sábado, 3 de noviembre de 2012

Sailing the Dunes

A photographer sets out to fly over the world’s most extreme deserts, guided by the shifting sand.

 

Text and photograph by George Steinmetz
 
 
I got my first lesson in the physics of sand dunes in 1998 on an expedition into the Sahara. In order to take aerial photos in this remote part of the world, I had learned to fly a motorized paraglider, one of the lightest and slowest aircraft in the world. It weighs a little under a hundred pounds; its top airspeed is 30 miles an hour. And it has no wheels.
I mastered new skills to fly (and land) the paraglider. But there was one I hadn’t realized I’d need to survive the Sahara: reading sand dunes. Just as the sailor watches whitecaps for the sudden squall, I had to learn to anticipate the invisible currents of air that created the dunes. If I wasn’t paying attention, I could get caught in turbulence—or even a fatal downdraft.
The Sahara is traversed by endless rows of dunes called barchans. The word means “crescent-shaped dune” in the Turkic languages of eastern Europe and Central and northern Asia. I had become intrigued with them while reading a book by Ralph Bagnold, a British Army officer who pioneered motorized travel in the Libyan Desert in the 1920s and ’30s. Bagnold described barchans as life-forms—they move, multiply, maintain structure, and adapt to their environment. I thought they might be interesting to photograph from above.
But first I had to reach the dunes. I traveled to the region with France’s Alain Arnoux, a champion of motorized paragliding. I was counting on him to help me fly safely. Getting to the barchans took us four days in a four-wheel drive, traveling from N’Djamena, the capital of Chad, to the far north. The sand that makes up the dunes had traveled too, migrating west from Egypt and Sudan. We were guided by an old French map that depicted the dunes as right parentheses, all pointing into the wind.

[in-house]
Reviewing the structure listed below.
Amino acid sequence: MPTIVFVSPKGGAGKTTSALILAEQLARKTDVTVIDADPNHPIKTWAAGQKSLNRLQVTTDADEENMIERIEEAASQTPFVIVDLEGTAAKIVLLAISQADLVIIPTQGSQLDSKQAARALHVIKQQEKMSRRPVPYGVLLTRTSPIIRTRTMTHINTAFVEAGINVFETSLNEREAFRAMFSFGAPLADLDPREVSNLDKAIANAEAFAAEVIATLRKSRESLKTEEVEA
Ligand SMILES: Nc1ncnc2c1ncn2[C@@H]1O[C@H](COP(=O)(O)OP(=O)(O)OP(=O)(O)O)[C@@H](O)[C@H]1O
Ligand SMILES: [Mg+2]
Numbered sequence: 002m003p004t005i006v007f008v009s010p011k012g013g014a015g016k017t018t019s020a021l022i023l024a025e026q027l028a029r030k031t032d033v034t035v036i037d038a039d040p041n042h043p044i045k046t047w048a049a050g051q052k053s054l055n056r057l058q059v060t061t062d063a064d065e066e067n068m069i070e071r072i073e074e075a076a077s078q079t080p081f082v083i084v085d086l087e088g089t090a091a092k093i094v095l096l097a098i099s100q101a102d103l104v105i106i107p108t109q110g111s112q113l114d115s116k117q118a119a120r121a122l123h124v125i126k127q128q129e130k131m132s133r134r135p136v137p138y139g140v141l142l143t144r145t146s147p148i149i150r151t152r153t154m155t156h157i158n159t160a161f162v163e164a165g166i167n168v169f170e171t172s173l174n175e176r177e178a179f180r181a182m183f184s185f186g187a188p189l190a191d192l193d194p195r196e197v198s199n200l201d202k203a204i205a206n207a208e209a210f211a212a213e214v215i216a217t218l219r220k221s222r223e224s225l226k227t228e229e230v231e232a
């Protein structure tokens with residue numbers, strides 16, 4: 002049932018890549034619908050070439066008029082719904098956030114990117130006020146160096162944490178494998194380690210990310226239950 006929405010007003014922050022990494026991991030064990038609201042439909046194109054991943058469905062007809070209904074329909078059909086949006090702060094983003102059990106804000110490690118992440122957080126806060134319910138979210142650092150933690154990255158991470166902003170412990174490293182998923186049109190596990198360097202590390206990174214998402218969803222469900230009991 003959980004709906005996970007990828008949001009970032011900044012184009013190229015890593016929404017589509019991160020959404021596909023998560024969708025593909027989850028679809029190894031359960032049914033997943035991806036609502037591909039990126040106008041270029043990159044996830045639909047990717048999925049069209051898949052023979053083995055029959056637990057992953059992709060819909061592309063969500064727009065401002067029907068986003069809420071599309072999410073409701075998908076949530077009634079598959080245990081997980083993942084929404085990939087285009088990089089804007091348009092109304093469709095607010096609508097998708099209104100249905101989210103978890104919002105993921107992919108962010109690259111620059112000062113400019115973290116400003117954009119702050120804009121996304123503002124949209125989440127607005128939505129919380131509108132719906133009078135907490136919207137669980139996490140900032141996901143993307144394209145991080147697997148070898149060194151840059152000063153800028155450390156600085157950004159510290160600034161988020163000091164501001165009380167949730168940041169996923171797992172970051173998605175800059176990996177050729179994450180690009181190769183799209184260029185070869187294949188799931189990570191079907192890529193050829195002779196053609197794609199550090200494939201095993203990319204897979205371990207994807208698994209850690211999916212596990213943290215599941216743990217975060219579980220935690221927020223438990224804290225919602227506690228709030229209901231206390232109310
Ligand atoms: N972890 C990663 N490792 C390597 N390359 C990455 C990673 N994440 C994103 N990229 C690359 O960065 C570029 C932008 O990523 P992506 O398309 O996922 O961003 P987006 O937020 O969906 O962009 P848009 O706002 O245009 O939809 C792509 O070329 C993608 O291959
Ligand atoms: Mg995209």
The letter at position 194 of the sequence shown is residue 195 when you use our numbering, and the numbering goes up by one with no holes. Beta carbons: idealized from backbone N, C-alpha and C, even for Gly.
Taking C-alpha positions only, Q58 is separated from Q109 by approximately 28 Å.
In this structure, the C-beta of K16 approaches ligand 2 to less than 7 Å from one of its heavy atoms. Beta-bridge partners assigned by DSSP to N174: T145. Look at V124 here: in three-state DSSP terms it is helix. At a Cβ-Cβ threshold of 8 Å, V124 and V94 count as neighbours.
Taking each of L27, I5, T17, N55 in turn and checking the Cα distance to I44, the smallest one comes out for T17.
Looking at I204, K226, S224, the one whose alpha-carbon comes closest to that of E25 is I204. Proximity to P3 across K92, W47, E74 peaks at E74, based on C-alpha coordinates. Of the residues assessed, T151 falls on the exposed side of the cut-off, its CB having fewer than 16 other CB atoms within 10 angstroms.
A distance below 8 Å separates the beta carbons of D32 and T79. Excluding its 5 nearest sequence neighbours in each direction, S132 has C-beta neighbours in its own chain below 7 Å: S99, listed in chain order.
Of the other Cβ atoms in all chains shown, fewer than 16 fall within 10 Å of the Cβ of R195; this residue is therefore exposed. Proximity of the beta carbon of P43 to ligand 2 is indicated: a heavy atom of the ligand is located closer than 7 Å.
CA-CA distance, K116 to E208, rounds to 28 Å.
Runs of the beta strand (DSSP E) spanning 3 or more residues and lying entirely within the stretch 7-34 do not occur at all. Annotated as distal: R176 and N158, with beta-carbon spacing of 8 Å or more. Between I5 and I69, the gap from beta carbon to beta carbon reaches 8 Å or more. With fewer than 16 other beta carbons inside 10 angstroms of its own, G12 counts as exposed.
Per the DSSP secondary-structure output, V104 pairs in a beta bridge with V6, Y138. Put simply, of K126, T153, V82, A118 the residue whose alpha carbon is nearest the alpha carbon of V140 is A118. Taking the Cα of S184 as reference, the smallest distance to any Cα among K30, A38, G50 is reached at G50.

I did not realize the difficulties that awaited. Nor did I realize the allure of dunes. Once I started flying in the desert, I came under its spell and began what turned out to be a 15-year project to photograph the world’s most extreme deserts.
When we got to the Mourdi Depression, my traveling companion had bad news. Shouting to be heard over the gale, Alain told me there was no way even he could fly in such wind. So we drove out into the middle of the broad stony basin until we found a 50-foot-tall barchan to give us some shelter for the night.
We awoke before dawn. The wind on the dune crest had died down to a breeze. I took off at sunrise, running down the windward slope of the dune. After gaining 500 feet, I felt like an insect flying over an enormous conveyor belt in a croissant factory. The barchans stretched to the horizon as they combined, separated, and spawned progeny.


DASHT-E LUT IRAN

RUB AL KHALI SAUDI ARABIA

PACIFIC COAST PERU

BADAIN JARAN CHINA

PACIFIC COAST PERU

SAHARA CHAD

RUB AL KHALI SAUDI ARABIA

WADI HAZAR YEMEN

SAHARA ALGERIA

NAMIB DESERT NAMIBIA

SAHARA MAURITANIA

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